Carman Pirie: And as part of that, of course, getting to an enhanced level of visual consistency is the, is a pretty low hanging fruit when you’ve got that many logos kicking around. Is your brand worth moving beyond that as well, to look at how the brand is actually positioned and revising the messaging and how it’s talked about?
Kellie De Pooter: Yes. Yep. Actually, one of the first things that we started was really around our value proposition out in the marketplace. It really wasn’t the visual side of it. So we, last year for pretty much all of 2018, that was a lot of the work that I was doing with in regards to the brand and working with our owner and our leadership team to refine what our value proposition is out in the marketplace and how do we want to position ourselves and differentiate from our competition.
And now 2018 was really one of the first times, was the first time, where we were able to start to implement those key messages and you know, pillars of our value proposition out in our marketing activities, you know, with our graphics and our online or social media and all the different channels that we’re utilizing to have that consistent message that’s positioning us as a differentiator in the marketplace.
Carman Pirie: And I’m assuming that the, I mean, this would impact how the sales organization speaks of the firm. Have they … How receptive have they been to and have they been able to get any kind of customer feedback from the, from that shift thus far?
Kellie De Pooter: So I haven’t heard any specific customer feedback. I can say that the sales organization has been very supportive. A lot of the work that … I’m a firm believer of having a strong, close relationship with the sales organization because obviously marketing is a support function for sales, but also we can help drive sales and we can complement the work that they’re doing out in the field.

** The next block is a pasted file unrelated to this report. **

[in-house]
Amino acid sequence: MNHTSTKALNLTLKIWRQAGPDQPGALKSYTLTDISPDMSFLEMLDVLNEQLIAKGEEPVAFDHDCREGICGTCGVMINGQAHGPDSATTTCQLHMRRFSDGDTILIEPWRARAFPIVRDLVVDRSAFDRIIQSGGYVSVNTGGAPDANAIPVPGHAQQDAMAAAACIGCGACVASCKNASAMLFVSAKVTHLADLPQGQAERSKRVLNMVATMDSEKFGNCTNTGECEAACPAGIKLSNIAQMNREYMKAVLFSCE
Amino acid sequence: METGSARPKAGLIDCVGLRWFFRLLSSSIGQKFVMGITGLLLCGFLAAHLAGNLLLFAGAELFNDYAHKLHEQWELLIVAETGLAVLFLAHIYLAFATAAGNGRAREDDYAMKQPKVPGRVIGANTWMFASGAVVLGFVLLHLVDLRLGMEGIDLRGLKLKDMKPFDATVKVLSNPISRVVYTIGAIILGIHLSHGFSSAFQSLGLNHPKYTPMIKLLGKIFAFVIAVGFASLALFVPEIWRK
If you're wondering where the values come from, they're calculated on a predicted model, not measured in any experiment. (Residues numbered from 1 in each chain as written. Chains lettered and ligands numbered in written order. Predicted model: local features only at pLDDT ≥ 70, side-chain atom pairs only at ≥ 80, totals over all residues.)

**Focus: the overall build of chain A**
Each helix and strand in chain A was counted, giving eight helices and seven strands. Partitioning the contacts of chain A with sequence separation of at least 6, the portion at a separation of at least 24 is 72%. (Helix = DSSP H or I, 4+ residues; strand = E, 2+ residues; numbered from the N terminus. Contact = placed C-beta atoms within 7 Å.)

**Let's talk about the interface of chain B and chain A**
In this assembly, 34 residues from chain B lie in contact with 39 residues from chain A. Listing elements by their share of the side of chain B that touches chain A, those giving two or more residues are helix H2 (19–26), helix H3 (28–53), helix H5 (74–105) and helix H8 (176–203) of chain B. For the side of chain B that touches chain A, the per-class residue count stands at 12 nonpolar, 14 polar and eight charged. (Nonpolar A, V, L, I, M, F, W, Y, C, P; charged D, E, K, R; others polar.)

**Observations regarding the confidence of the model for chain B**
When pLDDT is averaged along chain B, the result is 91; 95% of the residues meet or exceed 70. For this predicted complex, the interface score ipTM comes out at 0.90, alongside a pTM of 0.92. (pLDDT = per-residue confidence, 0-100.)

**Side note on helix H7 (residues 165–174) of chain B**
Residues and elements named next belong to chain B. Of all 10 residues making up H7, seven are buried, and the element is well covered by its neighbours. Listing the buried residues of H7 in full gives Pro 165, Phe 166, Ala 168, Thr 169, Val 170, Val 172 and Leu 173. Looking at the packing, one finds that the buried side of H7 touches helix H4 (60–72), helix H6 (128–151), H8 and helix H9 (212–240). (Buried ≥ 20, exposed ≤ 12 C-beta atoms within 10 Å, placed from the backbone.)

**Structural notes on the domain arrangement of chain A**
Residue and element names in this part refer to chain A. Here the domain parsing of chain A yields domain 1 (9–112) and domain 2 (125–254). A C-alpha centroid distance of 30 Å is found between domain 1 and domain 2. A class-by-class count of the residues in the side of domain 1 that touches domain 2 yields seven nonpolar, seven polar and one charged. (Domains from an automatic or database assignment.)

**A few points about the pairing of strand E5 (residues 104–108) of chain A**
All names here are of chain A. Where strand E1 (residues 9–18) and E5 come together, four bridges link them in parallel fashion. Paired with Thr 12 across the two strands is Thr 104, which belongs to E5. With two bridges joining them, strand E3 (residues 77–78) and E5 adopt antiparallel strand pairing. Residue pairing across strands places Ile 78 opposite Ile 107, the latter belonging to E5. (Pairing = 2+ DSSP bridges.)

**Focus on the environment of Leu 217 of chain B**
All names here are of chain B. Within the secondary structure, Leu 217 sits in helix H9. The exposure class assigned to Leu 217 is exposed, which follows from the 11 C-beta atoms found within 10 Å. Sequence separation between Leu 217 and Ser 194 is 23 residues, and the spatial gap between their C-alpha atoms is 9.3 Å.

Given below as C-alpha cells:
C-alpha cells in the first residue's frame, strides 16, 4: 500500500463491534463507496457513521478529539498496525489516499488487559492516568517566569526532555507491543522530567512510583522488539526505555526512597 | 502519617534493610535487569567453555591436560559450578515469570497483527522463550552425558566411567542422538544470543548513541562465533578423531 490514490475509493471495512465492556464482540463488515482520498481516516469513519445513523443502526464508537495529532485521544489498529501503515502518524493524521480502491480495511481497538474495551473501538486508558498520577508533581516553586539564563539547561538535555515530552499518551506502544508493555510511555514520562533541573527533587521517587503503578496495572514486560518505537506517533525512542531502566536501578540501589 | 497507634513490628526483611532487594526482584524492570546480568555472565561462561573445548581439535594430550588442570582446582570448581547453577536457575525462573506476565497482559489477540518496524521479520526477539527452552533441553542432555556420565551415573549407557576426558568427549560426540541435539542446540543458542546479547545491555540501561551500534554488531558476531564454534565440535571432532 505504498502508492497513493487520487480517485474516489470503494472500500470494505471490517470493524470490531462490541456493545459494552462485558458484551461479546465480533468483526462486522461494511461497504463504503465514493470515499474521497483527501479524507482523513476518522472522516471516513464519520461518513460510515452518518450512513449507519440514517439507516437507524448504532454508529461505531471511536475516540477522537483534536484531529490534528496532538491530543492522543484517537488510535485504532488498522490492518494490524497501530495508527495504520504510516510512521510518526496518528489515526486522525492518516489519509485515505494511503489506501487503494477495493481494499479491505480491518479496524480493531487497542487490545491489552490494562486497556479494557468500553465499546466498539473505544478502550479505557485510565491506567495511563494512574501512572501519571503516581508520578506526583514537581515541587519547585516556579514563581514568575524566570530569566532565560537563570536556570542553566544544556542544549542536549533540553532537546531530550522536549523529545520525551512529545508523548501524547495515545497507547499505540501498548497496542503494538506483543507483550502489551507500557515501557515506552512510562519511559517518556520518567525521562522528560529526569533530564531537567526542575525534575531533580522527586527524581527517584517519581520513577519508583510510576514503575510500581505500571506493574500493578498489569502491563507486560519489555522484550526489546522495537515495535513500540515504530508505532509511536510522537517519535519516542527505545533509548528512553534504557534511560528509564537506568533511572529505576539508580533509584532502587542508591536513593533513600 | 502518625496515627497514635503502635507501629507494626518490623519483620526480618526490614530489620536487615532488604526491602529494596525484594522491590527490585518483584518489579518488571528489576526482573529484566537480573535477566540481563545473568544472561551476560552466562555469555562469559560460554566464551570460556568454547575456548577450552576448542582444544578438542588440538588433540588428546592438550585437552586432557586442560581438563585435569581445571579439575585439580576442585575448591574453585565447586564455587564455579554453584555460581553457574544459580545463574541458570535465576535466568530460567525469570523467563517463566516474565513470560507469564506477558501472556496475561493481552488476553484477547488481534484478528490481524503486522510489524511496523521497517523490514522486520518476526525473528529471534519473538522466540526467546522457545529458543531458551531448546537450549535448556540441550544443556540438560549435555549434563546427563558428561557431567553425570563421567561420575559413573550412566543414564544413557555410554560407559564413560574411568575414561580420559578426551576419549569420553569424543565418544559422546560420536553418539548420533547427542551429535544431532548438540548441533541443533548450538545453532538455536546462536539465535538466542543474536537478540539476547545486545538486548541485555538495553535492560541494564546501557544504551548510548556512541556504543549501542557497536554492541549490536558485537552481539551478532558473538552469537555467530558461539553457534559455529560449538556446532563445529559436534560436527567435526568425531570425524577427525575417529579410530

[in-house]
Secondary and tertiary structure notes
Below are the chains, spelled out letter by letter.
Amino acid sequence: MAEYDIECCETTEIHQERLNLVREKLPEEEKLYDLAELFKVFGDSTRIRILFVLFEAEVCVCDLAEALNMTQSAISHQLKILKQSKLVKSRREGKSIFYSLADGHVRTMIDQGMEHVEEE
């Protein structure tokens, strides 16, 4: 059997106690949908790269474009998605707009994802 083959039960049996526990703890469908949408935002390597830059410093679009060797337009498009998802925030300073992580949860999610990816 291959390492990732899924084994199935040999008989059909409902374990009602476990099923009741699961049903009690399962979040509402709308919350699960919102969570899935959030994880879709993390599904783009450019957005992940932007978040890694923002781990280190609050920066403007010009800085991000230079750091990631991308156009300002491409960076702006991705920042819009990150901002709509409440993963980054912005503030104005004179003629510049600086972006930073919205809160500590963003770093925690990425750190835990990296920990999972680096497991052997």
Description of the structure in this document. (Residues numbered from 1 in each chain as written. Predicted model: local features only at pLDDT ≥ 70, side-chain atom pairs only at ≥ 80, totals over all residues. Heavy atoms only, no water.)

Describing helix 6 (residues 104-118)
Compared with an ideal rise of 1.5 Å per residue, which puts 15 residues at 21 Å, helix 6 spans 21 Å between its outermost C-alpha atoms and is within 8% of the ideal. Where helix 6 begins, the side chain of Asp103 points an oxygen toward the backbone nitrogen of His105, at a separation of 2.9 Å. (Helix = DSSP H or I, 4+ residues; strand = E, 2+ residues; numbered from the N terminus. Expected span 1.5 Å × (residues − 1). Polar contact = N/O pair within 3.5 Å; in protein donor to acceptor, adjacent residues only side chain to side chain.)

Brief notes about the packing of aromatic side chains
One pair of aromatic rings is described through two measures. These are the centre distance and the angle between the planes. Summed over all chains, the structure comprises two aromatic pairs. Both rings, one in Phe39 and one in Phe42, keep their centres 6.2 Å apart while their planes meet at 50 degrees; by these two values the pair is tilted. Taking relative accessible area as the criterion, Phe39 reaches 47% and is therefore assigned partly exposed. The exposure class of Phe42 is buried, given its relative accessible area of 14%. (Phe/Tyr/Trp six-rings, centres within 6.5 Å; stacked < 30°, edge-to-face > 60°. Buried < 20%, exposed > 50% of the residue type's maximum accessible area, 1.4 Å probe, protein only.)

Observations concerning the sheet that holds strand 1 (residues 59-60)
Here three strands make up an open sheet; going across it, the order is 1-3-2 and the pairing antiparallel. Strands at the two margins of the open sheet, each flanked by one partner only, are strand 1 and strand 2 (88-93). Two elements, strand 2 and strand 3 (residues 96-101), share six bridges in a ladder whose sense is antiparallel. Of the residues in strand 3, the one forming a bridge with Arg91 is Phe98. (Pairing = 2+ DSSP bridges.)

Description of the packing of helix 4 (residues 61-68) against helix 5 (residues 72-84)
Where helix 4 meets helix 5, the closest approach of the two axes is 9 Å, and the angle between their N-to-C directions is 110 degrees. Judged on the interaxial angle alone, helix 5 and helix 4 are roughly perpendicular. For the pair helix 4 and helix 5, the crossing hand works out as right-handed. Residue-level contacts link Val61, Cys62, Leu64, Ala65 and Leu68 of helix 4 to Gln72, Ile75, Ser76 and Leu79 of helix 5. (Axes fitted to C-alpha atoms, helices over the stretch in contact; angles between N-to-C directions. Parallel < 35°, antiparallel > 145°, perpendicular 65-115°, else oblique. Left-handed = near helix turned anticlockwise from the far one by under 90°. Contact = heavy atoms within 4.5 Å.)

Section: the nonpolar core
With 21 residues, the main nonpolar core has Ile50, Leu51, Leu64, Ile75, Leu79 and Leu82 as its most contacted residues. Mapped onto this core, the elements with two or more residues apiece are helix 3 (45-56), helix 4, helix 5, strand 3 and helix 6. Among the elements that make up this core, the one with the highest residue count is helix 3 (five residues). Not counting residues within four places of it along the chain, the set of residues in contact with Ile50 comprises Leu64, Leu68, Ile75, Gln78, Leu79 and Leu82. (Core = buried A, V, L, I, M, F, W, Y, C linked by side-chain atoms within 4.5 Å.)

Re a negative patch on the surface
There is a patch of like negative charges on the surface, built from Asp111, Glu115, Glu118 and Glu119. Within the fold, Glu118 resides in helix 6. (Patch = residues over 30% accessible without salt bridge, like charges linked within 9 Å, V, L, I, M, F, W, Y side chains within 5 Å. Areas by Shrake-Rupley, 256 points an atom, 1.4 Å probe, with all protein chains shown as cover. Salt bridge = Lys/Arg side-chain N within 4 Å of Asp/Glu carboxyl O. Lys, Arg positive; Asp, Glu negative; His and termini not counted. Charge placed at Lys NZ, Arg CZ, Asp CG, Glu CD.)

And so to, you know, when we’re making changes in the organization, if it’s CRM, if it’s the website, if it’s, you know, changing the brand or adjusting it and creating a value proposition, I believe that you’re going to be more successful if you engage the sales organization and get their input and feedback. And so they were a big part of this work that we’re doing and providing their guidance in how they thought that we were positioned in the marketplace and how we could differentiate. So it was a good collaborative effort between the groups. So they’ve been very supportive and they are very excited. It’s been a lot of positive feedback around what they’re seeing, you know, with the presentations that they’re giving to their customers. We’ve revamped all of the templates and the formats and even the messaging in there to support what our value proposition is and how we want to position ourselves with the customer and they’ve been very pleased with what they’ve seen.